Beaufort continued as a mental asylum and a hospital and what comes through in the details of several of these pictures – the handkerchiefs of the mentally ill piled up in the hospital laundry room and distant figure from the asylum in Filling Tea Urns – was how sensitive the artist was to mental instability around him. What also comes through, soldier that he was, is both the drudgery of the tasks assigned of making beds, scrubbing floors but also the release and comradeship involved in the business of buttering sandwiches for tea, washing in the bathroom, sorting laundry and making beds.
As the action moves to Macedonia and Spencer becomes more confident in his work, so the palette lightens and the compositions become more energetic and more complex. Map Reading is an aerial shot of a group of soldiers, half of them sleeping and the other half picking bilberries, around an officer reading a map on a horse, only visible by his head projecting beneath the paper. Filling Water-bottles is a picture of quenching thirst as the soldiers tilt their bottles to drink in full and others seem to fly to the fountain. So too with Frostbite in which the male nurse carries buckets in the forms of wings. Most striking of all is the last main picture, Firebelt, in which Spencer organises a group of men stripped to their waists raising tents and lighting fires around the perimeter in a mass of white cloth and pink flesh.
Spencer described some of these paintings as a “symphony of rashers of bacon” with “tea obligato”, which makes him sound like Alan Bennett artist conjuring up fond characters. But he isn’t. Behind these pictures is an intensity of feeling and urgency, alongside the humorous detail, that speaks of a march towards death and a promise of paradise after. Even in the fondest pictures such as Bedmaking the outstretched arms of the soldier stretching the sheet along with the standing figures in their blankets covers either side suggest crucifixion. “They don’t look like war pictures,” he wrote as he started sketching out his first ideas in 1923, “they rather look like Heaven, a place I am becoming familiar with”.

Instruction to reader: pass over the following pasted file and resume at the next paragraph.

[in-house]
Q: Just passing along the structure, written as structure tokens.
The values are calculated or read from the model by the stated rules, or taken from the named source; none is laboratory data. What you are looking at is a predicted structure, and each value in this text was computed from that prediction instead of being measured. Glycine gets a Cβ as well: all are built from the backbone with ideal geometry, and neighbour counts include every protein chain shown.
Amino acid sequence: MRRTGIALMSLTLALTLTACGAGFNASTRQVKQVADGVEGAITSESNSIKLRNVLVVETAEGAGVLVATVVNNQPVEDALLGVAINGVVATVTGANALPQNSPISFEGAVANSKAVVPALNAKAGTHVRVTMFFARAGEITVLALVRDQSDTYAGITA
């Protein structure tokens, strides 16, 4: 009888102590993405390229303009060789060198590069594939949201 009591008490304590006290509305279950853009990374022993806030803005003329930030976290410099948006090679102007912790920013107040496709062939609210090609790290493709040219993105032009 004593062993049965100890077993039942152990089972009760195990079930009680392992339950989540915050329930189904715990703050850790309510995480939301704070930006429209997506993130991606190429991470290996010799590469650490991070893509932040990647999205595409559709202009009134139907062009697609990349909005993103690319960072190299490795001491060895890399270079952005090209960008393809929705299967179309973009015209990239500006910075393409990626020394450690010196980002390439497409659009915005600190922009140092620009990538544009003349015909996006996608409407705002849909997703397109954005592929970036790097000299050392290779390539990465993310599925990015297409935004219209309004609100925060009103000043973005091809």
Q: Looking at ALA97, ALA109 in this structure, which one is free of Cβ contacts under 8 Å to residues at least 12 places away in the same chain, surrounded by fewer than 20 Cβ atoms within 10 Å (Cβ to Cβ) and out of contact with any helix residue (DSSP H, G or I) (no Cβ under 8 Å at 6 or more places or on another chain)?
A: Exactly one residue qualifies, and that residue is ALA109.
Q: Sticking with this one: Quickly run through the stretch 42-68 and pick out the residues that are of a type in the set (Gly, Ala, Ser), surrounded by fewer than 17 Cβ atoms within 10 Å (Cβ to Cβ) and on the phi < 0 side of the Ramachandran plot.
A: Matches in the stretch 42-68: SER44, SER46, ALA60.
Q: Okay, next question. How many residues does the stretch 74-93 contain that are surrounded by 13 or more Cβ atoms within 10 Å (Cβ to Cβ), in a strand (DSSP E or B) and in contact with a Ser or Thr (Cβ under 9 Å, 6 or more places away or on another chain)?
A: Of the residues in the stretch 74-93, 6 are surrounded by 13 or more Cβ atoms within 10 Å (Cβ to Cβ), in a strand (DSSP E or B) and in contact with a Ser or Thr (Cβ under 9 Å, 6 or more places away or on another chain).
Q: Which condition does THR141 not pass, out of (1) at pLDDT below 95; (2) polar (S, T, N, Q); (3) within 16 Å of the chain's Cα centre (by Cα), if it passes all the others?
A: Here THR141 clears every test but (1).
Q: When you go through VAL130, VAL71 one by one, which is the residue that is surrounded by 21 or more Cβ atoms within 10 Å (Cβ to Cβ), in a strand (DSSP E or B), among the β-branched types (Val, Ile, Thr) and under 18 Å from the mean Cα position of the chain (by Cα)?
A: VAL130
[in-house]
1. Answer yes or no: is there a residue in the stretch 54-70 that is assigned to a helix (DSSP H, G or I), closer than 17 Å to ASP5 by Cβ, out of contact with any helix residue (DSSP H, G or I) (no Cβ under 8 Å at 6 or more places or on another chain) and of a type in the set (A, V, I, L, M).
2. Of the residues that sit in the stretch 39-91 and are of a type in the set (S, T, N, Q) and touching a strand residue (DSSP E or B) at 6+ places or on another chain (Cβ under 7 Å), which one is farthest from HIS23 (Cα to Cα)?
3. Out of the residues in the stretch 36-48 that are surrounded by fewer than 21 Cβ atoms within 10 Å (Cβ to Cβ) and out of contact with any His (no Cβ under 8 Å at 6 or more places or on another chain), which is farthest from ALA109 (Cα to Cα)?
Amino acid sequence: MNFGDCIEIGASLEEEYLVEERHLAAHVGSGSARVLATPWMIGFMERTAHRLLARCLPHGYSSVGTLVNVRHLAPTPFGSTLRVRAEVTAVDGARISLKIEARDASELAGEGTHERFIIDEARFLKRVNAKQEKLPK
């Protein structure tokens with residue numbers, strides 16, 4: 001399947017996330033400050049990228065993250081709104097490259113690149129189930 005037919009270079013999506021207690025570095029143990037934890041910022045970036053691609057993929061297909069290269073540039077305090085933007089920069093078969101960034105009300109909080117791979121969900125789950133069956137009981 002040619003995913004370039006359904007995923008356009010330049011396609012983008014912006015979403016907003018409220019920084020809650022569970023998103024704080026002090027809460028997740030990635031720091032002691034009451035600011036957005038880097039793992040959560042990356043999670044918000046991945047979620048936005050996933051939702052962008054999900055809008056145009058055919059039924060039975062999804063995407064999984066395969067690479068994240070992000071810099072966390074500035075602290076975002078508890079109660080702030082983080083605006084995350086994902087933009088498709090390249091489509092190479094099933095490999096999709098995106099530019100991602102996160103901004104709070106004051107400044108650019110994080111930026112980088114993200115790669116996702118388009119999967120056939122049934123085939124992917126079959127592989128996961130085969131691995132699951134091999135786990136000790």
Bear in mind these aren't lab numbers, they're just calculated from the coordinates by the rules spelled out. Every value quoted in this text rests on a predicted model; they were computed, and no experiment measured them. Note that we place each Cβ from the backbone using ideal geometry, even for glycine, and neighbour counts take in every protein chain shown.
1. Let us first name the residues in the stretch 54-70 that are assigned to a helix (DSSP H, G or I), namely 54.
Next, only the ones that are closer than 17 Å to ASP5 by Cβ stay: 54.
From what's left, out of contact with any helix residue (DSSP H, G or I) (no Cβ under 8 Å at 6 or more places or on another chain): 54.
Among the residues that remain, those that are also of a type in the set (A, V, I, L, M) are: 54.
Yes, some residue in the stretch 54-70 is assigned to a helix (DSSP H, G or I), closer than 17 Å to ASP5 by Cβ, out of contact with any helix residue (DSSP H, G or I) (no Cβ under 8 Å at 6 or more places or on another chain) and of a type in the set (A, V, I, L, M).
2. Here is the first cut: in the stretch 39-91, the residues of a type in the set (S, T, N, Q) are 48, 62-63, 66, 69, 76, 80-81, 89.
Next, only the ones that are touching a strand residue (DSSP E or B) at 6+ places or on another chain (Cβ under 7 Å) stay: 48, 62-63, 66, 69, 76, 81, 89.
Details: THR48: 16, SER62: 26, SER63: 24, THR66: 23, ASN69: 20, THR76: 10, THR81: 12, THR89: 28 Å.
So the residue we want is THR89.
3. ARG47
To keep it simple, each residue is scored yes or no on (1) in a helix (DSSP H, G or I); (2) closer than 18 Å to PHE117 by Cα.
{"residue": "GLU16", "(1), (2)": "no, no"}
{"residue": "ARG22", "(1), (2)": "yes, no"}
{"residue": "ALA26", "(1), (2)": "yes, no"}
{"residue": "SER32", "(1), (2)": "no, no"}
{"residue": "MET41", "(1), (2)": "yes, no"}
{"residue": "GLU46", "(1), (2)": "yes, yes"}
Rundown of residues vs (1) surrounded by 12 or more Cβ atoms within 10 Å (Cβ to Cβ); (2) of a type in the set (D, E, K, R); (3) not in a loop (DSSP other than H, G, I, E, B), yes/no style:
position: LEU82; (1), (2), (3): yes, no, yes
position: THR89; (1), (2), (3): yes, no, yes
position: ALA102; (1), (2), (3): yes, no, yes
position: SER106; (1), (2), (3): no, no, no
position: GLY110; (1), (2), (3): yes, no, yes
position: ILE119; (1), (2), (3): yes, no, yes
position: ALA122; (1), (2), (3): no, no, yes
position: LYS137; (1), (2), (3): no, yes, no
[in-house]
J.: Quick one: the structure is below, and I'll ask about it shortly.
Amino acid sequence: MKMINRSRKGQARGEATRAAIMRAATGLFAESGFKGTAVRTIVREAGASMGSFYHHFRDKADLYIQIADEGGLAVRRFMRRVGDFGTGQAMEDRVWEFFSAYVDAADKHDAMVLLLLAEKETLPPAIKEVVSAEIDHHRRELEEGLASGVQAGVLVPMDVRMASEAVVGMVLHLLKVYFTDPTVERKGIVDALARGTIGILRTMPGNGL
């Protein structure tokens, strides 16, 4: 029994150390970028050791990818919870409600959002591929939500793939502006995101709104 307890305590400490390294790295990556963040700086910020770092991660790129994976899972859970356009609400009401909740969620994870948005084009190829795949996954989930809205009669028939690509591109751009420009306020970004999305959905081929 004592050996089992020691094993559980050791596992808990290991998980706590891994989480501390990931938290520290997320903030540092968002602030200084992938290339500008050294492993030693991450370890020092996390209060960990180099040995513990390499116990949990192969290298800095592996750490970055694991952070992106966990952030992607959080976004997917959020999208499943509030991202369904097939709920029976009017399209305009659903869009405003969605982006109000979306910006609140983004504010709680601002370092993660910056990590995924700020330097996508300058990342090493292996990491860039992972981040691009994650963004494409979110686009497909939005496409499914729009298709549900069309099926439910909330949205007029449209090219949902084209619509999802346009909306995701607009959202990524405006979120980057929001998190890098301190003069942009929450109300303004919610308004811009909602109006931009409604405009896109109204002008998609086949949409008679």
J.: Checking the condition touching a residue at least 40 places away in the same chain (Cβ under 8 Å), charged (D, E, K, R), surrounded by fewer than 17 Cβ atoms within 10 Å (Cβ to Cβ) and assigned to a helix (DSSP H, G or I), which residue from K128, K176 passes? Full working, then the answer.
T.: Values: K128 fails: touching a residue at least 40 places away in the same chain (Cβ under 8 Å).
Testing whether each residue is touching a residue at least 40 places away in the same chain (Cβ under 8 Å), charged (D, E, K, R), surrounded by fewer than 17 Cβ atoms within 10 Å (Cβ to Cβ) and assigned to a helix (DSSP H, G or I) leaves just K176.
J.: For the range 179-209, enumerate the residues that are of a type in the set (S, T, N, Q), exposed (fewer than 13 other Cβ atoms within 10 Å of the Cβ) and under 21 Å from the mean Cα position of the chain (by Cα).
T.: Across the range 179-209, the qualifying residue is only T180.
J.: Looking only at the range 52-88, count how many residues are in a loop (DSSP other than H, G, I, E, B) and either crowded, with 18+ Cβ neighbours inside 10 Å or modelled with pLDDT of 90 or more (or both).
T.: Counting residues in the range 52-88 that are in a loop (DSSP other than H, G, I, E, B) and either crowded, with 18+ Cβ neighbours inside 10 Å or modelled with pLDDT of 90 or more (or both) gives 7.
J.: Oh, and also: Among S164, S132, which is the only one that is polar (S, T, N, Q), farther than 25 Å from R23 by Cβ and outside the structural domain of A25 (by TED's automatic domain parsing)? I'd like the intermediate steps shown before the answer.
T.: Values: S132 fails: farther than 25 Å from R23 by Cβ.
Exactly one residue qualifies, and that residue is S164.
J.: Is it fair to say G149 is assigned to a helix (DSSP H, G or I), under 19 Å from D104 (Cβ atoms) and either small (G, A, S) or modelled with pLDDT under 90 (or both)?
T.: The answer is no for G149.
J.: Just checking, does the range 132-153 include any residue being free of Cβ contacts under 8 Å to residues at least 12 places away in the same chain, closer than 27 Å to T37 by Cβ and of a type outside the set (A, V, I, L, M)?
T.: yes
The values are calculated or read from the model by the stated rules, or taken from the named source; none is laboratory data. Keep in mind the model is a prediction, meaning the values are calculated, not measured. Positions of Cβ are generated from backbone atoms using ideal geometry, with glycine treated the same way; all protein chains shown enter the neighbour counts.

The National Trust cannot show the original of the great Resurrection which is painted onto the east wall of the chapel. Instead they have a full-size projection in the final room of the exhibition. It is a pity it cannot be placed together with the side canvases, as in the chapel, as it locks and lifts the whole assembly in a majestic vision of a winding road of white crosses and risen people moving towards paradise seen as an English landscape of the Downs. Spencer had wanted to show these canvases in London before installation in the hopes of encouraging clients and, without the context of place, the exhibition tends to be one of art rather than belief with preparatory drawings, portraits of the Behrend family and Spencer himself.
What the Sandham paintings lose in architectural context, however, they gain in proximity and illumination, compared to the rather dingy natural light of the chapel itself. With any luck the National Trust will improve that when the pictures return to their home. Even if you see this show you should still go the chapel to understand their meaning. In the meantime, the Trust have provided a rare opportunity to see up close what many regard as Stanley Spencer’s greatest achievement.
Stanley Spencer: Heaven in a Hell of War, Somerset House, London WC2 (020 7845 4600) to 26 January